I’m finding an interesting pattern in my moods, and I think it’s related to my cycle. No, jerk, not that cycle, the book cycle.

  • Week 1: Start a new book (A) directly after finishing and setting aside old book (B).
  • Mood: Excited.

Okay, this should have a Begin thinking obsessively about new book, but that’s a little hard to pinpoint. It starts somewhere in the middle of the writing of the previous book, when I allow myself the fantasy of finding a brand new book to fuck. But I don’t cheat. Well, okay, most of the time I don’t cheat. Anyway, this is where I start either with beats/outline/blurb or I just dive in. The second I start writing words down, the book is begun.

  • Week 3: Read, edit old book (B). Continue writing A.
  • Mood: Generally hopeful, if a bit daunted by early revisions.

Something I’ve just noticed this time around: I can write/revise simultaneously, but it’s a hell of a lot easier when both books are the same series. Easier in the sense that I can drop into writing the new book a lot faster if the one I’m editing is in the same world. This time? I’m writing Home Free and editing The Boyfriends Tie the Knot, and man, it’s kind of killing me. Thankfully, The Honeymoon is on the same track as TBTTK, so this will be it, temporarily, and I can focus on the Home Series this fall. (Except for the New Years story I want to write, which will take place in a beach house with the boyfriends, and Moll, and Lucy’s triad, and–dude. No more spoilers!.)<—-Highlight for spoilery teaser. Don’t get excited, it’s all tease.

  • Week 3, cont:  Send out B for beta/proof. Continue writing A and attempt to forget about B (again).
  • Mood: Good (if I can get back into story A); grumpy if story A is just limping along.

Sometimes I really do forget. Again, this seems easier when the whole thing’s in one world, but TBTTK has the added stress of being the (fake) last in series. That may skew my results.

  • Week 4: Keep writing A, at minimum 2k words/day. Assemble all feedback on B, revise hard for a few days. Revisions purgatory is generally when I start fantasizing about story C.
  • Mood: Toxic. Poisonous. Grumpy-pants to the nth power. At this point story A sucks, story B is the reason I’m neglecting my kid, and story C will never be as good as it is in my head, so what’s the point of writing it?

This part requires M&Ms. Thanks to my production schedule, I can plan ahead and stock up. Revision includes the following process: Read through entire book no fewer than five times, highlight edits in Kindle app, change, compile a new file, read, repeat. Most of the time I read through seven times, beginning to end. (The Scientific Method came in at maybe twelve complete last-minute read-throughs because I wanted to catch every error. I think I left two. Not bad!)

This is when story A is the rest and relaxation part of my day and sometimes I wish I could just keep writing it because publication isn’t looming over me and I have all those blissful revisions to look forward to in the future, so if I want to say “Hugh moved Truman’s hands to Will’s nipples” I can say that and fix it later, cause that’s a terrible sentence. (God, I hope I fixed it. Well. One more read-through left; I guess I’ll find out.)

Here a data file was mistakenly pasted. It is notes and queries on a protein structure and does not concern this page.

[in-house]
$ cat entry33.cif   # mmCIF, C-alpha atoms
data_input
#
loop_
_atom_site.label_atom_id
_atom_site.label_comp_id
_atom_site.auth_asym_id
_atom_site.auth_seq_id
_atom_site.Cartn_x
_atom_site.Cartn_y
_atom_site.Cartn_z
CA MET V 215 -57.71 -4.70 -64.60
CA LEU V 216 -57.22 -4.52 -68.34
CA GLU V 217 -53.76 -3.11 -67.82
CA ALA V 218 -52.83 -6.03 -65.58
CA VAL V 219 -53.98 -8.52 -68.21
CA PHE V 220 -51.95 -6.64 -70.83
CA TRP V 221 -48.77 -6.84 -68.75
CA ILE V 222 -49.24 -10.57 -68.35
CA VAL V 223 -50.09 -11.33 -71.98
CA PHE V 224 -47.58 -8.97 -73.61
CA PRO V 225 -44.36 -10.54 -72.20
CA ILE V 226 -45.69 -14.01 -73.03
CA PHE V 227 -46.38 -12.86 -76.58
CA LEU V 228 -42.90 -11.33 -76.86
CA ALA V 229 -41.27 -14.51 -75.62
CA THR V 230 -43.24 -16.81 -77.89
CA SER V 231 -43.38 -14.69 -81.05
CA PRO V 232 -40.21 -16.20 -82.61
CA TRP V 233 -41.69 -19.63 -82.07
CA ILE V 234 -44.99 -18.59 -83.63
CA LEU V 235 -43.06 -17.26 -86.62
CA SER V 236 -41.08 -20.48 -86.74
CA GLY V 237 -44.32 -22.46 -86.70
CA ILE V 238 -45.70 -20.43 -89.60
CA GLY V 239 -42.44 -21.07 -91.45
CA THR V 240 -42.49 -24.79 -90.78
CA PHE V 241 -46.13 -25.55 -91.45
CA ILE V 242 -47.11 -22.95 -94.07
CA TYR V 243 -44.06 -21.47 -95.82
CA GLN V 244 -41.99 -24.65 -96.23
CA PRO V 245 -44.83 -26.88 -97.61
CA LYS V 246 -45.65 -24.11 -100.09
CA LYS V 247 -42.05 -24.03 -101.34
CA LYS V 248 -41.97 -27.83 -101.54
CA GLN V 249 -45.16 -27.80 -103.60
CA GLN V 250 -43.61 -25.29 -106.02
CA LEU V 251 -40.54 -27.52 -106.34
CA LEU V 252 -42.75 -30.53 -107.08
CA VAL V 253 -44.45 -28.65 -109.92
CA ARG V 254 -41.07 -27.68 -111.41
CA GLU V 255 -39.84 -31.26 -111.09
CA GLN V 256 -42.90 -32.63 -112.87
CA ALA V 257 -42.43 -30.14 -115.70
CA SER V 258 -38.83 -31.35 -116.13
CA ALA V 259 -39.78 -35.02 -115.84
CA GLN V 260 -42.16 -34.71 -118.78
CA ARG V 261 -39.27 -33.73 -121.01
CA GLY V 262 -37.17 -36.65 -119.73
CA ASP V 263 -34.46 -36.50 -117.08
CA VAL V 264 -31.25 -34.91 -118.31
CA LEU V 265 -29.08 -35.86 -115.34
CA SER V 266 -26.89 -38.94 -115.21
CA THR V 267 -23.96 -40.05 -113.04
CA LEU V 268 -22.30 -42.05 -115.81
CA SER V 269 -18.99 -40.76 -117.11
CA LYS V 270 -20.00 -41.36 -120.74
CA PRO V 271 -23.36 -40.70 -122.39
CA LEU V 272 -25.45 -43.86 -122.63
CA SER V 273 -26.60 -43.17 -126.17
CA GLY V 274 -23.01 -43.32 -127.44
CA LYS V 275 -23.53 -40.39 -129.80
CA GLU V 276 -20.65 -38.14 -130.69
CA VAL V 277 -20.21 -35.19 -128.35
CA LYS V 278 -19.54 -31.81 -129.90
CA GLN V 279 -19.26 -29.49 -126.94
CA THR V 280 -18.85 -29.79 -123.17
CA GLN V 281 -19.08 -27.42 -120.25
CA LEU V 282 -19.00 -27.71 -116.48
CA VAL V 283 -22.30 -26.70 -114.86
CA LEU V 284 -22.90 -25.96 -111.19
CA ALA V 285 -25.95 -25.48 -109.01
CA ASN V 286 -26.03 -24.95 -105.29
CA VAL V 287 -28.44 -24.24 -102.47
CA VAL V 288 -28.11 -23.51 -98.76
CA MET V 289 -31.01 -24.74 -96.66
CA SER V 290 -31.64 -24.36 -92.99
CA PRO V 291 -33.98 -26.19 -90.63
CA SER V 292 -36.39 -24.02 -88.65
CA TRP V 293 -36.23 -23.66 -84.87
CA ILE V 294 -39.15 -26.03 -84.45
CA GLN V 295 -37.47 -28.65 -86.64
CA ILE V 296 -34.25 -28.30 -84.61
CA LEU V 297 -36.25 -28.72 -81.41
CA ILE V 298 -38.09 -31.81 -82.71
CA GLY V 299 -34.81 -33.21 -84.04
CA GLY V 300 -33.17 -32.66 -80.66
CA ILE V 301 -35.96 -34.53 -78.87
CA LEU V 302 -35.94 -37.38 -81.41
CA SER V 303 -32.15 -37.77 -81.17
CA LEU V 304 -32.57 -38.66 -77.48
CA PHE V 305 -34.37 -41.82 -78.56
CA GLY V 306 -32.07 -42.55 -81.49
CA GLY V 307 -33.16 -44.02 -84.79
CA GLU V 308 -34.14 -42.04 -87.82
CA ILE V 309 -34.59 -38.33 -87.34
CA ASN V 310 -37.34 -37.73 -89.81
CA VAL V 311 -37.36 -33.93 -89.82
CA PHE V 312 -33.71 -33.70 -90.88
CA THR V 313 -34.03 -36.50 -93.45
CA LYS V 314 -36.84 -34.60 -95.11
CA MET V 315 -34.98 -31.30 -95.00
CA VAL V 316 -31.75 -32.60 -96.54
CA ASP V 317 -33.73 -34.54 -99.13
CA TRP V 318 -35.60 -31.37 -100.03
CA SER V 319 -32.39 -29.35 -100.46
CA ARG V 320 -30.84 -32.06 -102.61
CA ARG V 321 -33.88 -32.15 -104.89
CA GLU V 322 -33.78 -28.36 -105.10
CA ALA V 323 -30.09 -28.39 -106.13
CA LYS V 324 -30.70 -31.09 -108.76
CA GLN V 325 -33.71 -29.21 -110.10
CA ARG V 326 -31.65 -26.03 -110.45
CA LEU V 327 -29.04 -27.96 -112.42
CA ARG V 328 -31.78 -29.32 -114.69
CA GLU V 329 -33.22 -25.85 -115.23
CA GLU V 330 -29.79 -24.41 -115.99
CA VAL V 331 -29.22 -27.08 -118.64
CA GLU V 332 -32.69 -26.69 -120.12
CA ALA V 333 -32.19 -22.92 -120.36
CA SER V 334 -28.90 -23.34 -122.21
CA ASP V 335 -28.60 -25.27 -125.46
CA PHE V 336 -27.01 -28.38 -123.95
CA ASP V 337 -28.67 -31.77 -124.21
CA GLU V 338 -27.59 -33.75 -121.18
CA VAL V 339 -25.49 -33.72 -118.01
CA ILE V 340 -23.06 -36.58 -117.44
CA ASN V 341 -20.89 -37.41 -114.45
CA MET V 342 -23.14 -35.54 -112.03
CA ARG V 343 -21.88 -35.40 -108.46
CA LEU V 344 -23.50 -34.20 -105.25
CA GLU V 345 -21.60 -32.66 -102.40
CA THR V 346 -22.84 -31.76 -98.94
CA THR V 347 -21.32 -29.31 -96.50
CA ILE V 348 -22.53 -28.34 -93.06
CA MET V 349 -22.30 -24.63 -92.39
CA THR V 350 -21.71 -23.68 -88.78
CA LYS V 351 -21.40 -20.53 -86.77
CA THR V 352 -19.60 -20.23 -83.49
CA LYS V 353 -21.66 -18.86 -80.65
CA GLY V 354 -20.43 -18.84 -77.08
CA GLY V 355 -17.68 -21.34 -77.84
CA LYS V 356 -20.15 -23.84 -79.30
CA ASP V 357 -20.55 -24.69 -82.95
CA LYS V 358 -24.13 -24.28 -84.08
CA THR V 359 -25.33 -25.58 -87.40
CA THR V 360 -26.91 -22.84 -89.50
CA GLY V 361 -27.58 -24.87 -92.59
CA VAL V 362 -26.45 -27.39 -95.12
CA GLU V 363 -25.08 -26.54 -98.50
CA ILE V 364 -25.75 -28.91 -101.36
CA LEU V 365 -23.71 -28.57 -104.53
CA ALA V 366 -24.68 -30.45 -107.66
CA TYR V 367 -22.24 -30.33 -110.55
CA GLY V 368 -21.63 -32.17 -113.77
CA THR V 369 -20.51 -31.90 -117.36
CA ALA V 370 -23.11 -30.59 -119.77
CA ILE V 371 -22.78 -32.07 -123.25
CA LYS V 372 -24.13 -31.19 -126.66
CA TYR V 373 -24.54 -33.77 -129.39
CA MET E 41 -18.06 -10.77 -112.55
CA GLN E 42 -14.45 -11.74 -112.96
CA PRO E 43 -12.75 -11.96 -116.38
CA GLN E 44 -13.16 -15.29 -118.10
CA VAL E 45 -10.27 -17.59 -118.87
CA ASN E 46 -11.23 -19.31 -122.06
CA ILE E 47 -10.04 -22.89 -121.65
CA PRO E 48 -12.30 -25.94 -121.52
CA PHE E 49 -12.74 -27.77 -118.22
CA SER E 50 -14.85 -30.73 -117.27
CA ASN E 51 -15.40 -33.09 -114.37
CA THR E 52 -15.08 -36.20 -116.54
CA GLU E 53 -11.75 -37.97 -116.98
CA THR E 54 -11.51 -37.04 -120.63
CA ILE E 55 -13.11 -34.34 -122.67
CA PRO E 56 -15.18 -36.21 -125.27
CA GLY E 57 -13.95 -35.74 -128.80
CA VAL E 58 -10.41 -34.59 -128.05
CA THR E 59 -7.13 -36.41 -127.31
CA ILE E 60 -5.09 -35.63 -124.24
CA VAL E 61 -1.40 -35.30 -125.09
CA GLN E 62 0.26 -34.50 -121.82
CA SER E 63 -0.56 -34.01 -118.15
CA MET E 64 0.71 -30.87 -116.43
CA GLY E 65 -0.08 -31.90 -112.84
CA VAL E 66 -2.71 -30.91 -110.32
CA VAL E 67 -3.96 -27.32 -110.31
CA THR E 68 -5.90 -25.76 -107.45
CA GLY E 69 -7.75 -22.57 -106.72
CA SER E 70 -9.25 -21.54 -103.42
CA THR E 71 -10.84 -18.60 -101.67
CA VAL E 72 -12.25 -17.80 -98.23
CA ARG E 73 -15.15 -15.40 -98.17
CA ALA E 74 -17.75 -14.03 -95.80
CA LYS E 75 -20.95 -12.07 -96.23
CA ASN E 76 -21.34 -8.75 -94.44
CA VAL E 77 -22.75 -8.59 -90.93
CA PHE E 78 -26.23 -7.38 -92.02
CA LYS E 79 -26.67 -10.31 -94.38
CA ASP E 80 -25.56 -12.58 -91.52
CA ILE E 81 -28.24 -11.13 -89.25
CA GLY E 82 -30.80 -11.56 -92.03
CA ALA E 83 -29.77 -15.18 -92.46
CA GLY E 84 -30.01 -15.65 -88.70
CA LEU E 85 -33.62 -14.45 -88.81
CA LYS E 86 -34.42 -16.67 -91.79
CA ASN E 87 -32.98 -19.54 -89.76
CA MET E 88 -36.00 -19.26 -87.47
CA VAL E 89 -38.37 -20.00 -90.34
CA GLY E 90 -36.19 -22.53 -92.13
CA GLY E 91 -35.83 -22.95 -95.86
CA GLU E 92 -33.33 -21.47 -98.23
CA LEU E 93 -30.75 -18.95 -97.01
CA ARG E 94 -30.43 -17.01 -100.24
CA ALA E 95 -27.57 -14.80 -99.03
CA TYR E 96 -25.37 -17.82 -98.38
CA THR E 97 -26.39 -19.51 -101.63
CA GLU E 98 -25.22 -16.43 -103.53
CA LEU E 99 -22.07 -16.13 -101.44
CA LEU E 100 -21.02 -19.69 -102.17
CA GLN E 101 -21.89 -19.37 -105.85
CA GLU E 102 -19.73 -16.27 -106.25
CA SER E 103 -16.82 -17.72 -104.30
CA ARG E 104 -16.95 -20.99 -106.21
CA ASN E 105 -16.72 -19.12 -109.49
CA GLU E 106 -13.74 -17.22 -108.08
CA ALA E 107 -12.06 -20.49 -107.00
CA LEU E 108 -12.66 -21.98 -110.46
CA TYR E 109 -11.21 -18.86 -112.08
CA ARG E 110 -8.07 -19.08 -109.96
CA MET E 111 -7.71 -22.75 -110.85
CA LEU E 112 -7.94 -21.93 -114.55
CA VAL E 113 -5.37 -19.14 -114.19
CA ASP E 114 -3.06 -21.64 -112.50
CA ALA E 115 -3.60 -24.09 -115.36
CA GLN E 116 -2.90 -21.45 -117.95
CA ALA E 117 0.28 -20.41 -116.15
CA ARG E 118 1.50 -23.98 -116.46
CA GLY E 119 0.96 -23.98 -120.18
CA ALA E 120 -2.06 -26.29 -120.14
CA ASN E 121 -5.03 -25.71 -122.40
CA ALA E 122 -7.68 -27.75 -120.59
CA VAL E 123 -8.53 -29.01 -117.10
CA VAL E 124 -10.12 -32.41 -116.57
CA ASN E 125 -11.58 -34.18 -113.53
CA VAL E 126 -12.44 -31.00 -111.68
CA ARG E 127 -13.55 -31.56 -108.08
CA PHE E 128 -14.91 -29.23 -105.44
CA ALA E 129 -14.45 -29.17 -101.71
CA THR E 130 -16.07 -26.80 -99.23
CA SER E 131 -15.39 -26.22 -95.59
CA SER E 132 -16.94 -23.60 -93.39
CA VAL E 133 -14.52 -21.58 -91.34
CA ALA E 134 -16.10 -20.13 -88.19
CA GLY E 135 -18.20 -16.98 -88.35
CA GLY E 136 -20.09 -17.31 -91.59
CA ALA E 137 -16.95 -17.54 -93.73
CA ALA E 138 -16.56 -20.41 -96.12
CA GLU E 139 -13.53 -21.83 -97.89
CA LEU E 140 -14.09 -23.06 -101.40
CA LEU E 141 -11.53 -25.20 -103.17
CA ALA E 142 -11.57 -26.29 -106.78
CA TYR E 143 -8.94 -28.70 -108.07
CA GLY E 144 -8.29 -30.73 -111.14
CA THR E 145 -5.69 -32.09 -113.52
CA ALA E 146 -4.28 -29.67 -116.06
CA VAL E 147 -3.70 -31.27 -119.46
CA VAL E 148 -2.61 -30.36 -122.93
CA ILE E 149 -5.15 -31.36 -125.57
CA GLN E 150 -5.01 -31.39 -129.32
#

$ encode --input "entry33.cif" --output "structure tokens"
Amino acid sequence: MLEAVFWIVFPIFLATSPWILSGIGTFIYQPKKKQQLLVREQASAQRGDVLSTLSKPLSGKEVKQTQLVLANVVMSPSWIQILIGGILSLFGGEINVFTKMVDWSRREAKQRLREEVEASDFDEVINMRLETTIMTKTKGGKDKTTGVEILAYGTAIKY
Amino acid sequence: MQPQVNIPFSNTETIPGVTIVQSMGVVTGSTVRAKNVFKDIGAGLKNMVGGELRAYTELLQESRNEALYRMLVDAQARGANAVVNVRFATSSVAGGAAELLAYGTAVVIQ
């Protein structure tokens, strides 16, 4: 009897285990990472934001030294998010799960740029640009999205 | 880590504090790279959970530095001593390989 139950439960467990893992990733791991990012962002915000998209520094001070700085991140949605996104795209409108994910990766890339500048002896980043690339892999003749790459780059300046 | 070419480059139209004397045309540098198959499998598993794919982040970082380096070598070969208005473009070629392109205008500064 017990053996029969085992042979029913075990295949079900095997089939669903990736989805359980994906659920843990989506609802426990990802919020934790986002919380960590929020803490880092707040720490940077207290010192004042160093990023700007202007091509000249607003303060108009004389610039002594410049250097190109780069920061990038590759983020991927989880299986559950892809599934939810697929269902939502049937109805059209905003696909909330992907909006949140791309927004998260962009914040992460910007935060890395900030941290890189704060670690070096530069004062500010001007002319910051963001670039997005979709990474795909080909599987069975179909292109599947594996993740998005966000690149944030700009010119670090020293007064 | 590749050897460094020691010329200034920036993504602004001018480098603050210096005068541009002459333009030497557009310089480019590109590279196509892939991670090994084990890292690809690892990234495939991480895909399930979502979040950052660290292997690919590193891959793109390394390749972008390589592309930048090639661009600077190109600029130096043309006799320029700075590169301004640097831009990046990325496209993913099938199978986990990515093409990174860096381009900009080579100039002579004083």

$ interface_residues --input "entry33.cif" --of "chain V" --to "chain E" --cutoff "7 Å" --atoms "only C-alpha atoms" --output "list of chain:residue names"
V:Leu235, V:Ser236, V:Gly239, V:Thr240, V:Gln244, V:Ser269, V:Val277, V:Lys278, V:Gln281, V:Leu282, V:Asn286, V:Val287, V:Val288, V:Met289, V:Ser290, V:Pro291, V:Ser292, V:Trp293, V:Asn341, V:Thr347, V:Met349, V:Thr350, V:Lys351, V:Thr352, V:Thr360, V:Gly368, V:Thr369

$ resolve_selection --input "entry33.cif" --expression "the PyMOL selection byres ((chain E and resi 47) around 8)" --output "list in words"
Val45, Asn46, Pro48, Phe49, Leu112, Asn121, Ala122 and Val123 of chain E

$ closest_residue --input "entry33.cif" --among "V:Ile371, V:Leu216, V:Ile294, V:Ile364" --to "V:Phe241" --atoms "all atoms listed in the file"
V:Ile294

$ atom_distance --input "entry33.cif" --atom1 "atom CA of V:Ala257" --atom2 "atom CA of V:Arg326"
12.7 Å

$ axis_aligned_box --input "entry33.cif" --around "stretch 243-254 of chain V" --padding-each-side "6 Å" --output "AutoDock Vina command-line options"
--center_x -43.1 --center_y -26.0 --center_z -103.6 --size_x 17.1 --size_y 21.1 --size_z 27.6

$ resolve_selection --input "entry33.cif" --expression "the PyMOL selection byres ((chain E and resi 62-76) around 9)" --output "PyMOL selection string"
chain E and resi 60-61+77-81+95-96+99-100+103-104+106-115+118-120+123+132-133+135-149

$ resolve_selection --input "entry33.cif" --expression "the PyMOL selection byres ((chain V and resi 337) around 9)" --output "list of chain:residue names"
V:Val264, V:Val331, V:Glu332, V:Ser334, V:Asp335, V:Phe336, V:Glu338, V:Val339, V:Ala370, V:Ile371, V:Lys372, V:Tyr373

(Also, The Boyfriends Tie the Knot? Porntastic, yo. Fair warning.)

  • Week 5–ish: Publish B. Continue writing A, should be leading up to the big finish, and a great time to tune back in and go full-throttle. Begin to obsess about C.
  • Mood: Publishing is good because it gets one story off the burners. Mood largely dependent on how easily I can drop into story A, but it always happens eventually. Sometimes immediately.

I try to revise at the end of the week and compile for publication at the beginning of the week. Sometimes, like this week, I’m revising right up until I hit Publish. After gnawing on my proverbial fingernails (for me it’s the inside of my cheeks) for a few hours until story B goes live everywhere, I buckle the fuck down and go back to writing. The week or so after publishing is the quietest mental time in my book cycle. I know where A is going, I don’t yet have the pressure of C, and B is off my plate. Also, I have low sales, so I don’t hit refresh a lot or anything. A few folks buy immediately from the mailing list, but otherwise it’s just another day in ebook world when I publish something. Ha.

  • Week 6: Finish A. Put aside for 2 weeks, 3 if I’m ahead of schedule. Start writing C. (It starts all over.)
  • Mood: Excited.

I’m gonna start playing with the “rise” time of my books. I used to go hardcore thirty days, no excuses. If I’ve really struggled with a draft, I still might try to do that. But otherwise? I’m getting a hell of a lot faster at divorcing my feelings from my precious words. And man, that’s so fuckin’ sweet. I recommend it to everyone. (I was never a defensive feedback-receiver, but the part of me that resists everything but the most basic typo correction now only has the stage for about a second and a half before my brain takes over. Makes revisions so much easier.)

Some of these steps compress a bit, especially if the story is a 30k novella, and the whole thing happens over the course of 3-4 weeks. But this is the general flow.

I wonder what it’ll look like a year from now.